High dietary biotin levels affect the footpad and hock health of broiler chickens reared at different stocking densities and litter conditions

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The occurrence of footpad and hock lesions, forms of contact dermatitis, with regard to product quality and animal welfare has recently become a major concern in the broiler industry (Kjaer et al., 2006; Abd El‐Wahab et al., 2013; Bassler et al., 2013). This is an ulcerative skin condition caused primarily by high litter moisture (Mayne et al., 2007a; Youssef et al., 2011a,b), a problem that tends to be more pronounced at high stocking densities (HSD; Feddes et al., 2002; Bessei, 2006). In severe cases, the lesion may be painful to impede walking and feeding activity (Haslam et al., 2006) or be harmful to health by becoming a gateway for bacterial infections (Bassler et al., 2013). Besides, it has a negative impact on production (Shepherd and Fairchild, 2010; Ventura et al., 2010) because the damaged feet cannot be sold and the affected birds are slow to gain weight. The relationship between stocking density and footpad or hock burns is very complex. Although some studies failed to detect an adverse effect (Martrenchar et al., 2002; Sirri et al., 2007; Meluzzi et al., 2008a), it is widely accepted that HSD exacerbates the condition (Dozier et al., 2005, 2006; Meluzzi et al., 2008b), mainly due to the increased water intake (per unit area) and excreta or litter moisture (Feddes et al., 2002).
One strategy that can be used to prevent footpad and hock dermatitis is to improve skin integrity in the vulnerable period. One potential nutrient or bioactive molecule for achieving this is biotin, which plays an essential role in skin formation, maintenance and repair as a coenzyme for many carboxylases in protein synthesis and fatty acid metabolism (Whitehead, 1988; Mayne, 2005). In practical diets, a marginal biotin deficiency has been associated with footpad lesions in broilers (Harms and Simpson, 1975; Harms et al., 1977; Oloyo, 1991). In commercial conditions, more biotin is required to reduce contact dermatitis, rather than only to support growth. For example, increasing dietary biotin level (2000 μg/kg of diet) above normal recommendations for broilers reduced the severity of footpad dermatitis in spite of continuous exposure to wet litter (35% moisture, Abd El‐Wahab et al., 2013). An interaction between biotin supplementation and litter quality may exist. In turkeys, supplying the diet with high concentrations of biotin alleviated the footpad burn on dry litter, but not on wet litter (sprinkling water to the litter, Harms and Simpson, 1977; 73; % moisture, Youssef et al., 2012). Little is known, however, if supplemental biotin has a relationship with the detrimental effect of HSD on skin condition. Dawkins et al. (2004) reported that stocking density has little effect as long as a favourable environment is maintained. Indeed, the moisture content of litter is the primary factor leading to footpad and hock lesions (Mayne et al., 2007a; Youssef et al., 2011a,b), even at low stocking density. These raise the possibility that biotin fortification may well improve the paw and hock quality of broiler chickens stocked at high densities, at least when the litter is kept dry.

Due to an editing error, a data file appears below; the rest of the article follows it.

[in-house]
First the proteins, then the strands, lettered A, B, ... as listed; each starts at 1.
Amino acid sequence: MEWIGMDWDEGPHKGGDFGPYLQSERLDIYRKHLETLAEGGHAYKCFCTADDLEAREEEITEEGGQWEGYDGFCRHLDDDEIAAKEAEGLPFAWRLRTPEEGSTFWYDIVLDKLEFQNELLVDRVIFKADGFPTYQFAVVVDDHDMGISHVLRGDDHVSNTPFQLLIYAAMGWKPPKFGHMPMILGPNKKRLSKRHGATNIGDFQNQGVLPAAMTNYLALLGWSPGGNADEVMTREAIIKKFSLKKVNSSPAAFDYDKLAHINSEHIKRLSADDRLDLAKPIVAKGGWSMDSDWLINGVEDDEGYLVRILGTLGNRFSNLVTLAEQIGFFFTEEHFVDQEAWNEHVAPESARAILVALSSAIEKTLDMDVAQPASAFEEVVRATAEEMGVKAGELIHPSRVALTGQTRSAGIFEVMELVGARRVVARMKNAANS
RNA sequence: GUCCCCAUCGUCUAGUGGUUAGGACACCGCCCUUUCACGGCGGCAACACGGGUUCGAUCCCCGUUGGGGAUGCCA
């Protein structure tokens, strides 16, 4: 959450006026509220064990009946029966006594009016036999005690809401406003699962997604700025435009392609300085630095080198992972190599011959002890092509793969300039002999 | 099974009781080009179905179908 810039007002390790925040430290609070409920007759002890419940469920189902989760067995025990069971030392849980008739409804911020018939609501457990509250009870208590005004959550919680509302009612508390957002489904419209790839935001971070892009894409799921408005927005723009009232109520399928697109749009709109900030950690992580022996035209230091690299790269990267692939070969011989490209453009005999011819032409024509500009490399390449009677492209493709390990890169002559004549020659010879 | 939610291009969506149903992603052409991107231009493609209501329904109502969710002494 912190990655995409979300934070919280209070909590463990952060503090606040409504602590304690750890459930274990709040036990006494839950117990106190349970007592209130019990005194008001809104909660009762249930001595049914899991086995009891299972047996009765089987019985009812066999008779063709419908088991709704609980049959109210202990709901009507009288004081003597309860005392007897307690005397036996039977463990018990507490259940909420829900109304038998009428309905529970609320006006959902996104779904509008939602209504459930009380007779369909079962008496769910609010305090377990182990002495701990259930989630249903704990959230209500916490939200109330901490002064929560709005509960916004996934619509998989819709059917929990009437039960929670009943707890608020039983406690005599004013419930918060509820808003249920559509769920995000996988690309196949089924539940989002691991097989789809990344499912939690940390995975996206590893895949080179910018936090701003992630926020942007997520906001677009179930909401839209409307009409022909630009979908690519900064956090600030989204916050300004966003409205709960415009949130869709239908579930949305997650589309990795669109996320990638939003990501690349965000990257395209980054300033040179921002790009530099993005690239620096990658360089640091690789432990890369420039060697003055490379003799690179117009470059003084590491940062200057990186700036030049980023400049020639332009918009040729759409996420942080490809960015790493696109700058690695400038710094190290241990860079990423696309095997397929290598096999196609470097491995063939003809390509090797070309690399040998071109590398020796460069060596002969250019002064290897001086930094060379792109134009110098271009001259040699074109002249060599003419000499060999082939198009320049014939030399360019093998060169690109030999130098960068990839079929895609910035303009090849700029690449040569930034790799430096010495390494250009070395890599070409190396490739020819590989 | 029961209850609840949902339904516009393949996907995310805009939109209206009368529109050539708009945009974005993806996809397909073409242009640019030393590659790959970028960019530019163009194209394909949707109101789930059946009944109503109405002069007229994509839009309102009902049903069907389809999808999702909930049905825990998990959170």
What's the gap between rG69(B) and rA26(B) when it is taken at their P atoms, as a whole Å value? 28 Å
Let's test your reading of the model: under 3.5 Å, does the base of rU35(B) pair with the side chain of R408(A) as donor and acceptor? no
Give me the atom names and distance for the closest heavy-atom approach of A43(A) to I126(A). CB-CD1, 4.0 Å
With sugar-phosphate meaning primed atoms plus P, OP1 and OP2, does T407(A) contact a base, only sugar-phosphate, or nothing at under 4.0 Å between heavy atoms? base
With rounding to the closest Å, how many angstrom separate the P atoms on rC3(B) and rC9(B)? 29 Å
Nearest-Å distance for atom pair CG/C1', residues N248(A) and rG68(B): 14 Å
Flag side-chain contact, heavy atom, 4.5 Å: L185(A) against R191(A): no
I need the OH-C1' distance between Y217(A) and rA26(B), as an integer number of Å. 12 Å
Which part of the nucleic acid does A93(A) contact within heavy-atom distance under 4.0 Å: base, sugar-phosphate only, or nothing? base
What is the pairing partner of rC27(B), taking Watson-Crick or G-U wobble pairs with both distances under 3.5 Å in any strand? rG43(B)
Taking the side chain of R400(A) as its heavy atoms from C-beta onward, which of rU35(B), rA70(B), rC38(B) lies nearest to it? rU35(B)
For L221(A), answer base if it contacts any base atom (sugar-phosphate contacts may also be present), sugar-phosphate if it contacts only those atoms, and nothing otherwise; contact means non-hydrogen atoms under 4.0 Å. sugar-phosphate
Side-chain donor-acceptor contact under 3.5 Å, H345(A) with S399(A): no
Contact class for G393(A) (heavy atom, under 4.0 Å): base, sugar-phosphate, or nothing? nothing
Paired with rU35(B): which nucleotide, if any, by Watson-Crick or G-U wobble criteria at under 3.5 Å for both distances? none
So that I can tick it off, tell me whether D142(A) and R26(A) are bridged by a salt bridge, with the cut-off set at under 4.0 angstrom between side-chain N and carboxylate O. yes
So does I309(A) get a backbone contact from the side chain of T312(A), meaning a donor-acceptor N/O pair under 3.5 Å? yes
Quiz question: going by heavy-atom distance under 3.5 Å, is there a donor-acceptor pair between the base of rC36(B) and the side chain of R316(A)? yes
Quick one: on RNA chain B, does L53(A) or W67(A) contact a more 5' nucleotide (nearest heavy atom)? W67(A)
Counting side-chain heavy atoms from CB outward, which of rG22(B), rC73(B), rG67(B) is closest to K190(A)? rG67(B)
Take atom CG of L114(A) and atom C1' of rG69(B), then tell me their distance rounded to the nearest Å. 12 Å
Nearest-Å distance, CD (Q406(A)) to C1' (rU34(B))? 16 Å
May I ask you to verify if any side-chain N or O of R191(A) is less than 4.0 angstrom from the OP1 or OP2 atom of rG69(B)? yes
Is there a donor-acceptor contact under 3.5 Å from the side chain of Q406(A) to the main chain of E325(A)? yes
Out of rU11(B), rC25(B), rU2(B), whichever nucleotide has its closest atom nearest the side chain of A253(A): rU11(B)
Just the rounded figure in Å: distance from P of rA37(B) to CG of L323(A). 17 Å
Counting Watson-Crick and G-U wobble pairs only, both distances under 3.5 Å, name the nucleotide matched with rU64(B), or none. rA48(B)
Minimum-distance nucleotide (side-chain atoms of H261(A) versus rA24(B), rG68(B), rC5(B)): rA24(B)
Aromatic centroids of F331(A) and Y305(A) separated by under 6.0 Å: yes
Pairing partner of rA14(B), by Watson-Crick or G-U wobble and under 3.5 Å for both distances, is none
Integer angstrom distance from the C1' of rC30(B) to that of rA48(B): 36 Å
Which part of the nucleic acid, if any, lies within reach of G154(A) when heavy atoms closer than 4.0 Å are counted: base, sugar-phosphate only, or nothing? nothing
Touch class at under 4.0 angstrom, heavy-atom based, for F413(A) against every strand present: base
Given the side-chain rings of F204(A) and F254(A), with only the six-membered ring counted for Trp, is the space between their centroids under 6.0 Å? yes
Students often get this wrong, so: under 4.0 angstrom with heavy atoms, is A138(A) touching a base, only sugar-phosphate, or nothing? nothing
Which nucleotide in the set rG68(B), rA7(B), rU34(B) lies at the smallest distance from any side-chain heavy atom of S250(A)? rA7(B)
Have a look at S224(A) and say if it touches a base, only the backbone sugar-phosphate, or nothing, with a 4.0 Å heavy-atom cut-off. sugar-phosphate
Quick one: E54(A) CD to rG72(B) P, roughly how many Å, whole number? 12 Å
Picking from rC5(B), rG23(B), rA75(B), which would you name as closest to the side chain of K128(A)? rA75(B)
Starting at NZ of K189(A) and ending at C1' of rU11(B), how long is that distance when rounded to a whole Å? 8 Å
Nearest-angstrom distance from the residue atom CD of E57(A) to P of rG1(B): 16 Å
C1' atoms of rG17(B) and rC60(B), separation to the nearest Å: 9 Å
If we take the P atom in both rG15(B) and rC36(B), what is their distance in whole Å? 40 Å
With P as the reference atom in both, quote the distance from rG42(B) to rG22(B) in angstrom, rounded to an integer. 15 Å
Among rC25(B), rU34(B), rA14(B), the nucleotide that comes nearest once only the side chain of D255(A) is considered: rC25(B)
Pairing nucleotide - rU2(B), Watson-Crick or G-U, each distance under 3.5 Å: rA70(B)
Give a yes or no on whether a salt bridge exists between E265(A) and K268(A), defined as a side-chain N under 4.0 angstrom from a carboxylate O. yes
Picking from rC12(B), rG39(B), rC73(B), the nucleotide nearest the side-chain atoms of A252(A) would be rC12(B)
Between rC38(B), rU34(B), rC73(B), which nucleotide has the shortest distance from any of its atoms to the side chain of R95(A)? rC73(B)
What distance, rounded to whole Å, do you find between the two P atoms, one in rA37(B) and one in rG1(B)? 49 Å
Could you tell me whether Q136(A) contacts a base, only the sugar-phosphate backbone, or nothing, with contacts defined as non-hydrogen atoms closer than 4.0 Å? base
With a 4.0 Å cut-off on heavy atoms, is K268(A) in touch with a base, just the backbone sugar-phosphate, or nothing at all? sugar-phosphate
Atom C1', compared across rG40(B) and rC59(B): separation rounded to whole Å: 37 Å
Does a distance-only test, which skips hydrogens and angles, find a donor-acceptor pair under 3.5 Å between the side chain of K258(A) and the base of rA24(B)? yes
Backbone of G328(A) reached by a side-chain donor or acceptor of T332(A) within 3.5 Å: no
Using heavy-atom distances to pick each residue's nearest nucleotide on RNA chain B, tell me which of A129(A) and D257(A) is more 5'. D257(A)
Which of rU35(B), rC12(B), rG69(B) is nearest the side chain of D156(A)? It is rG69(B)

The objective of the present study was to determine whether feeding a higher level of biotin than is normally present in commercial diets would minimize the occurrence of footpad and hock burns in high‐density broiler production, particularly with good litter management to avoid wet litter. Since predisposition to contact dermatitis has been different among breeds and across age (Tucker and Walker, 1992; Kjaer et al., 2006), the fast‐growing genotype during the grower period (4–6 weeks old), being the most reactive, was evaluated. Additionally, live performance, carcass composition and litter quality were measured.
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